In these recent days, I have been taking time for rest and relaxation. For months, people have been encouraging me to take advantage of all that Alaska has to offer, and that is what I am doing in these days.
As you hopefully know, one of the great wonders of Alaska is the salmon. Last week, at the generosity of several good folks, I flew to Illiamna for a few days of fishing for Red Salmon on the New Halen River.
While the veterans among us generally caught their limits, I on the other hand spent the majority of my time ‘paying my dues,’ learning how to catch this illusive fish. About all I got out of the deal was a sore arm! However, in the final hour, a good soul took me back to the water and showed me some of the finer techniques involved, and helped me get my limit (5) for the day!
This week, a few other generous people offered to get me out on the world-renowned Kenai River for a day of fishing for King Salmon–duly named! The setting alone was so peaceful–the sound of the river rolling by, the beauty of the surroundings, the lush green grasses and trees–almost immediately put me at ease. This alone would have been worth the two and a half hour drive to the destination!
The next morning, we started early, departing the lodge at 4:45am. The professional guides are limited to being on the water from 6am until 6pm, so the locals all want to get at least an hour on the water before the guide boats show up. Even with our early arrival, there must have been close to 15 boats already on the stretch of the river we were going to fish. After 6:00, I counted over 30 boats in our stretch. A light rain fell throughout the morning, and the temperature hovered at 55 degrees.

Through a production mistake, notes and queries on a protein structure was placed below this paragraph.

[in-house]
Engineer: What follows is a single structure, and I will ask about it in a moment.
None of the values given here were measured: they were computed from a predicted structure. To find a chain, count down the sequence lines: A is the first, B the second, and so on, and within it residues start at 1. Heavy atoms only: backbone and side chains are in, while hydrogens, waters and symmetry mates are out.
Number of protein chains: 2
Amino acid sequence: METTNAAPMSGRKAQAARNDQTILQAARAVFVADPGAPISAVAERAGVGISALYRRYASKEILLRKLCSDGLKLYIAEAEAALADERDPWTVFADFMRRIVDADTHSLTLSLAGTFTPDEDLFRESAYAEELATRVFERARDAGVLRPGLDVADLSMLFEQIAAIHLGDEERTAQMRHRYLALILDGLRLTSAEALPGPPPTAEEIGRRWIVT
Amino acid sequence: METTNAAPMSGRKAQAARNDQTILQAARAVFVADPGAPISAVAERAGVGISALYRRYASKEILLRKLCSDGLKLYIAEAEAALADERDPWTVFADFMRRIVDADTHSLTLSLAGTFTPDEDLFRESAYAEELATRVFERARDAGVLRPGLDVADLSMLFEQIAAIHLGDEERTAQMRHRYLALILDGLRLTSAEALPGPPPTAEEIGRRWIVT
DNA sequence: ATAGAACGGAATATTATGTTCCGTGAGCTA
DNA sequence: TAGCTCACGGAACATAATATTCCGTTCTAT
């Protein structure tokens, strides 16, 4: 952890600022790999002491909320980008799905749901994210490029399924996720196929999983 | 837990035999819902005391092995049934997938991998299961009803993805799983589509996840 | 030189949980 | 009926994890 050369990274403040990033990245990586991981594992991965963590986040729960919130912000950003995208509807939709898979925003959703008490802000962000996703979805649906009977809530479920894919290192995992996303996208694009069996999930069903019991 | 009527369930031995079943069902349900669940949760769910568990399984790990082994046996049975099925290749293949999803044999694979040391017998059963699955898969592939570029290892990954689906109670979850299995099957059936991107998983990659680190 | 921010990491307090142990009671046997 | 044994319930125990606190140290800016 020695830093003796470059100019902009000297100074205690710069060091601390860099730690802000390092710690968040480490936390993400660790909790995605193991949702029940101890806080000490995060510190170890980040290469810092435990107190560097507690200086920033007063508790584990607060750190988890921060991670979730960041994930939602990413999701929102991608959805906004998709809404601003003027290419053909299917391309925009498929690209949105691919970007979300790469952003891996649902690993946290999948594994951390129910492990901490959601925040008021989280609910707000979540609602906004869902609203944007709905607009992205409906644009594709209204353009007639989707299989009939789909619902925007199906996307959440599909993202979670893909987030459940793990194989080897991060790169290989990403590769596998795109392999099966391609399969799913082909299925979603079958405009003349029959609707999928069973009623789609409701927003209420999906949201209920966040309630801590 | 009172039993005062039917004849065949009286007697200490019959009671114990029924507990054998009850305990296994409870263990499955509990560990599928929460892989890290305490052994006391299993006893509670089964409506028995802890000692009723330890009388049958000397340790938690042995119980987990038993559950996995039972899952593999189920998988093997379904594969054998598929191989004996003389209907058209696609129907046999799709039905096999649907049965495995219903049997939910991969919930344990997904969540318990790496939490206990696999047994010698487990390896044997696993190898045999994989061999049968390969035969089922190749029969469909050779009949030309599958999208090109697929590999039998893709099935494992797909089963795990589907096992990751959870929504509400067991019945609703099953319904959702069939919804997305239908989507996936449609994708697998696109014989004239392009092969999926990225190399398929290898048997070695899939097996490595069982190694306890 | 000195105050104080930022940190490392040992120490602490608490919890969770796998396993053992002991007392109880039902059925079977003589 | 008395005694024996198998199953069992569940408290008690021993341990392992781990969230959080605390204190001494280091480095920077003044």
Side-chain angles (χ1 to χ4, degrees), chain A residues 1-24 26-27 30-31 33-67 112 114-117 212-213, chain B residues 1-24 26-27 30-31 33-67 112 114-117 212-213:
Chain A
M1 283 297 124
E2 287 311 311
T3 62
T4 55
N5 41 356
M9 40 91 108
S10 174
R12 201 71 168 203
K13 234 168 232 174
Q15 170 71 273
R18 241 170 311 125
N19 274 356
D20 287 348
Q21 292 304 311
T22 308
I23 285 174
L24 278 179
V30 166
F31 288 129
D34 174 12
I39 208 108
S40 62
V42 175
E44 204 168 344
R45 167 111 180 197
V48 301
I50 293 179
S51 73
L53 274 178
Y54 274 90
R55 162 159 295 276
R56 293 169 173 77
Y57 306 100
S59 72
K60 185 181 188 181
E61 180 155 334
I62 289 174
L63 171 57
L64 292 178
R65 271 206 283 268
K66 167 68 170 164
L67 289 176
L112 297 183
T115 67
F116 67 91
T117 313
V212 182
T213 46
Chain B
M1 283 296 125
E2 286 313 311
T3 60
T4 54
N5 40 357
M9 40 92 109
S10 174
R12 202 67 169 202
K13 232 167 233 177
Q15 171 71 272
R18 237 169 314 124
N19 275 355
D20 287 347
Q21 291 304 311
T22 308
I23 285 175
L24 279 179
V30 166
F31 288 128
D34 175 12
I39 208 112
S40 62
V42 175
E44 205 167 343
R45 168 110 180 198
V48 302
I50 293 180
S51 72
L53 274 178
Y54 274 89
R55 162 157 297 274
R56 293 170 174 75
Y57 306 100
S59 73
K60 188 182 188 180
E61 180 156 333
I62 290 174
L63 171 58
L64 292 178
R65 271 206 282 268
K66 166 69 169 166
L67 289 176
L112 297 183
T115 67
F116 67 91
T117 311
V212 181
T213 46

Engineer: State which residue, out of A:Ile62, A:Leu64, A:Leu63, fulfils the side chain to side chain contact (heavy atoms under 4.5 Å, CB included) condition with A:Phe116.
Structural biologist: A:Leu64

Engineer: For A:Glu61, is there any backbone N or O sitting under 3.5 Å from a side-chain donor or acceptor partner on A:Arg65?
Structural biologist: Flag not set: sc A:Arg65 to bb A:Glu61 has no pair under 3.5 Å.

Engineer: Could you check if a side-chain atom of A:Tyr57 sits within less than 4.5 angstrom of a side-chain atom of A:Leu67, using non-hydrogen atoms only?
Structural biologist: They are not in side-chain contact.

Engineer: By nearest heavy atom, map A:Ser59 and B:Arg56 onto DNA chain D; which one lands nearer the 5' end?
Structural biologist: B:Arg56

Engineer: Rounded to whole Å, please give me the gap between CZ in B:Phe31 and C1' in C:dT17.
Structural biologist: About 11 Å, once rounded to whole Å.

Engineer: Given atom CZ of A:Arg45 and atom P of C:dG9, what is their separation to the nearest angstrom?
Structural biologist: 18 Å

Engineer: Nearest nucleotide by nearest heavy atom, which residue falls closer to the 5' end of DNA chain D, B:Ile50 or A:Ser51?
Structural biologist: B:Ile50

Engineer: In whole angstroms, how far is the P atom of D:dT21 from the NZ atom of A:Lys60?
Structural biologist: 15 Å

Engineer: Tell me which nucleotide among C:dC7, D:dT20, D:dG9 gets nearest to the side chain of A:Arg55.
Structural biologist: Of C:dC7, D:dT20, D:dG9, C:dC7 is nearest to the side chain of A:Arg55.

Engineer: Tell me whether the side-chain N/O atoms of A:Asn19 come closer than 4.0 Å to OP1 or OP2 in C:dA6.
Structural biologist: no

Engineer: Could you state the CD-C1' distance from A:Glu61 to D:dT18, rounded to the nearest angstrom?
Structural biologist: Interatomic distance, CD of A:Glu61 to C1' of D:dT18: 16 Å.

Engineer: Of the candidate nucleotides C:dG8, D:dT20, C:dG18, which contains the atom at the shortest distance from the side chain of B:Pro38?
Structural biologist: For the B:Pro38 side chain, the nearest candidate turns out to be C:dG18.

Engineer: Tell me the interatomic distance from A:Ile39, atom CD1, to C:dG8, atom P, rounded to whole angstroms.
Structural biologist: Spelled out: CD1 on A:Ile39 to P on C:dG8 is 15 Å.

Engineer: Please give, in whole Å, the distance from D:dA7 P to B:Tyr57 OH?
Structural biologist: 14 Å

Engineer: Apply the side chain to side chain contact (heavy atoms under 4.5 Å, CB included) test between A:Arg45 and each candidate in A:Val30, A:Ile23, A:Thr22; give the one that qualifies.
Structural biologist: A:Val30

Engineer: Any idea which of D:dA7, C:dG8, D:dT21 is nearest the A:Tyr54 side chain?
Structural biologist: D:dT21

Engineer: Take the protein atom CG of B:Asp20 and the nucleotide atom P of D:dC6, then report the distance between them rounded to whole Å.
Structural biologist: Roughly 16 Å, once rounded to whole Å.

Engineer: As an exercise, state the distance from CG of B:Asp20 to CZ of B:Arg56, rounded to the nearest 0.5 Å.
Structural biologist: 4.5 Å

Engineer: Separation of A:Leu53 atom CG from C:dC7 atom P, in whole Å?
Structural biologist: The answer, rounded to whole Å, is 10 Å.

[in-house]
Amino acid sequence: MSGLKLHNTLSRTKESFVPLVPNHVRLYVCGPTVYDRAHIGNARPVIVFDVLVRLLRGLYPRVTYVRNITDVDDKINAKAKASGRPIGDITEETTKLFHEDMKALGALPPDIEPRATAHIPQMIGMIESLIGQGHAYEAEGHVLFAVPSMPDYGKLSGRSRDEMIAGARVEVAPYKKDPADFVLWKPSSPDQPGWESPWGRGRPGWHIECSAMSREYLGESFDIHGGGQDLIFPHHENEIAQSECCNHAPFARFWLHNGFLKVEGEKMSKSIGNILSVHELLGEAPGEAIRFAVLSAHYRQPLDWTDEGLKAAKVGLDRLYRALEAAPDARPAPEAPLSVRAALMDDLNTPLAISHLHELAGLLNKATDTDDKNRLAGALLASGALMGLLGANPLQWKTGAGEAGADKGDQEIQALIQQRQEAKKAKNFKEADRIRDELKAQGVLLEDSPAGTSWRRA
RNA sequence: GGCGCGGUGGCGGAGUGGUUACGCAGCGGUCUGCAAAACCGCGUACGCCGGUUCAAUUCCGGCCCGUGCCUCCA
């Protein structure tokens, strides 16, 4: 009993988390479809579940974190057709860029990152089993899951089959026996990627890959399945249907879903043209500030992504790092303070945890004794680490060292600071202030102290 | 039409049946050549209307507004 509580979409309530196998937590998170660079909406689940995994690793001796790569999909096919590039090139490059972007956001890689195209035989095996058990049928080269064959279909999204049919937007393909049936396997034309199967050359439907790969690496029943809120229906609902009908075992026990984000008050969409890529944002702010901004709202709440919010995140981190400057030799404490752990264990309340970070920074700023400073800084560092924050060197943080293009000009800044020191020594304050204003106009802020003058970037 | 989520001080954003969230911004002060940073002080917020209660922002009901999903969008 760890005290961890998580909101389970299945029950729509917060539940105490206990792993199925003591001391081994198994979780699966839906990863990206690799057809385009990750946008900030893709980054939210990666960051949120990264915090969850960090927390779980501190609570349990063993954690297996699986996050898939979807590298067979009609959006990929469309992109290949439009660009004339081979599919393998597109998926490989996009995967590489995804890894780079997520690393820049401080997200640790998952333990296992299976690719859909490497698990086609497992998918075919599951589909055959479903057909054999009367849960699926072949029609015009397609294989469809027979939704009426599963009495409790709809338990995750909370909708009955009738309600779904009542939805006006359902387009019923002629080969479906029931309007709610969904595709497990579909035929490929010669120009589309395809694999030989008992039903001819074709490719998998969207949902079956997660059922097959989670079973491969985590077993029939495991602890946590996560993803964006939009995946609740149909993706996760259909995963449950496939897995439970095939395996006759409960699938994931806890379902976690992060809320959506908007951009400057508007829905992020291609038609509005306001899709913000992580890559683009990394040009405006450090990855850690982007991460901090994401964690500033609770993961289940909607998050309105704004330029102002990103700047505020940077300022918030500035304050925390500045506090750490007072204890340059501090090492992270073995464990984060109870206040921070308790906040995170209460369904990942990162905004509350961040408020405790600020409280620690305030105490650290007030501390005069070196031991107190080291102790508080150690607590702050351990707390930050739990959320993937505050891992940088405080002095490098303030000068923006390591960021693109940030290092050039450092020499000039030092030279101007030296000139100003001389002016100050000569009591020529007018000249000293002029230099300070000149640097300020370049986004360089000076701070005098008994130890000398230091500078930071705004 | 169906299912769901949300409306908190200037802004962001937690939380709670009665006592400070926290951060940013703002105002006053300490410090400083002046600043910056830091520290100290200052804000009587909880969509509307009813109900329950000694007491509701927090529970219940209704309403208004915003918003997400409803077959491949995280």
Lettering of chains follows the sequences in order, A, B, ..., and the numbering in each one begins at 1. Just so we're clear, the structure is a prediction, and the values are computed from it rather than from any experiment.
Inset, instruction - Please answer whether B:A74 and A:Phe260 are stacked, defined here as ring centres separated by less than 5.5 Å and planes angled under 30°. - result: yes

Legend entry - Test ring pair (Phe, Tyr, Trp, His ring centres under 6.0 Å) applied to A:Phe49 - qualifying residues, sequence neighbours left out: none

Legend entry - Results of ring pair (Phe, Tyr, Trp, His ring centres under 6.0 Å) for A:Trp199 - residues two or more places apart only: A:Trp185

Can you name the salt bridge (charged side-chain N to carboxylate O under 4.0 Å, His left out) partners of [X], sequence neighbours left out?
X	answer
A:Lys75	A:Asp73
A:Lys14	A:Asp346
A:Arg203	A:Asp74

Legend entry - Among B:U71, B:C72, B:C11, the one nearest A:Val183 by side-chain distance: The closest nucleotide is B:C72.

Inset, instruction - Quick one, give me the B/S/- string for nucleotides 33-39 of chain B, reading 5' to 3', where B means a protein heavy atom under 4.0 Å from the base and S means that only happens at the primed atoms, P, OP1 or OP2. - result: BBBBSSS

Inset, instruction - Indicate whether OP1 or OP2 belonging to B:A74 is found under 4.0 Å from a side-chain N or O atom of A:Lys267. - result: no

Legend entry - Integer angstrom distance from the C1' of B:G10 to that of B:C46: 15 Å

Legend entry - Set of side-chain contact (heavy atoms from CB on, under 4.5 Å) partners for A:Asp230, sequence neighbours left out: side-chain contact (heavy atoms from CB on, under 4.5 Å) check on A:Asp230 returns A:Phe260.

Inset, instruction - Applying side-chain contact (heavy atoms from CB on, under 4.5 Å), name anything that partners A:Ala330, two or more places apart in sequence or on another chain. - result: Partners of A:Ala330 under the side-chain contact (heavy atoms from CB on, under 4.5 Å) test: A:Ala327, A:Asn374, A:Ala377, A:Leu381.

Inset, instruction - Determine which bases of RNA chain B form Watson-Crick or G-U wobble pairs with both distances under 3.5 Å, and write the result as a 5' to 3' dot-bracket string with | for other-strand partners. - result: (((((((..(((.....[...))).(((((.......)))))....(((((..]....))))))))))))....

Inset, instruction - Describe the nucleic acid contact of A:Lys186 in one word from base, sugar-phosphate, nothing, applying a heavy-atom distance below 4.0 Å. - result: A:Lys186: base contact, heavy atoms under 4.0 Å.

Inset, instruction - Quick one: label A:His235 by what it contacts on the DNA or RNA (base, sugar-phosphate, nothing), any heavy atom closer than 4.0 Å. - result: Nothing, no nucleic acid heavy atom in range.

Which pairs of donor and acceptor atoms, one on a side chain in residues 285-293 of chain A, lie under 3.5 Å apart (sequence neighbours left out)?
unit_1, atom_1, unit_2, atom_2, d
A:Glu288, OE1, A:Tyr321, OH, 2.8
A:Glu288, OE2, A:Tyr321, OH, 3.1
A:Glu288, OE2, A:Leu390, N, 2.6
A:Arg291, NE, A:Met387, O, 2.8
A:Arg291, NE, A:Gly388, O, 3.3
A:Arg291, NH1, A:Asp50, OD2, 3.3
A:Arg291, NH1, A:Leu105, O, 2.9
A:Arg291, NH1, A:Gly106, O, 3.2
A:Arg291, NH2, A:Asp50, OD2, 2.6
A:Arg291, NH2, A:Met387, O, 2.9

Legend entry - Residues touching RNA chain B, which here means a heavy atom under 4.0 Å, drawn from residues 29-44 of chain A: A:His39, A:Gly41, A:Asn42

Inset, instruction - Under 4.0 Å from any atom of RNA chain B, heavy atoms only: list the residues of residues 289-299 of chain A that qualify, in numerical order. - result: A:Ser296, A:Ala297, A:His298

I had the good fortune to catch and release one King Salmon (estimated at 40 pounds) while catching and harvesting another, weighing an estimated 30+ pounds. (On the Kenai River, there is a daily limit of one King Salmon–and a seasonal limit of two.) The King Salmon as you might guess is the most sought after of all salmon, not only because of its size, but because of the oil levels and quality of meat. I can personally attest, it makes a scrumptious meal!
While enjoying the company of some very good-natured individuals, as well as the beauty of this portion of God’s creation, I kept calling to mind Pope Francis’ recent encyclical on our Common Home, Laudato Si’.
The opening lines of this Pope’s teaching says this:
“LAUDATO SI’, mi’ Signore” – “Praise be to you, my Lord”. In the words of this beautiful canticle, Saint Francis of Assisi reminds us that our common home is like a sister with whom we share our life and a beautiful mother who opens her arms to embrace us. “Praise be to you, my Lord, through our Sister, Mother Earth, who sustains and governs us, and who produces various fruit with coloured flowers and herbs”.
One cannot help but be aware of the delicate balance which nature maintains and requires. Alaska is a constant reminder of the glory of God’s creation, and just about everyone living here ‘gets it’ that it is a privilege to be here, and enjoy the beauty of such pristine nature. The words of Pope Francis come alive here, as we experience the embrace of this ‘common home’ we call God’s creation, our Sister, Mother Earth.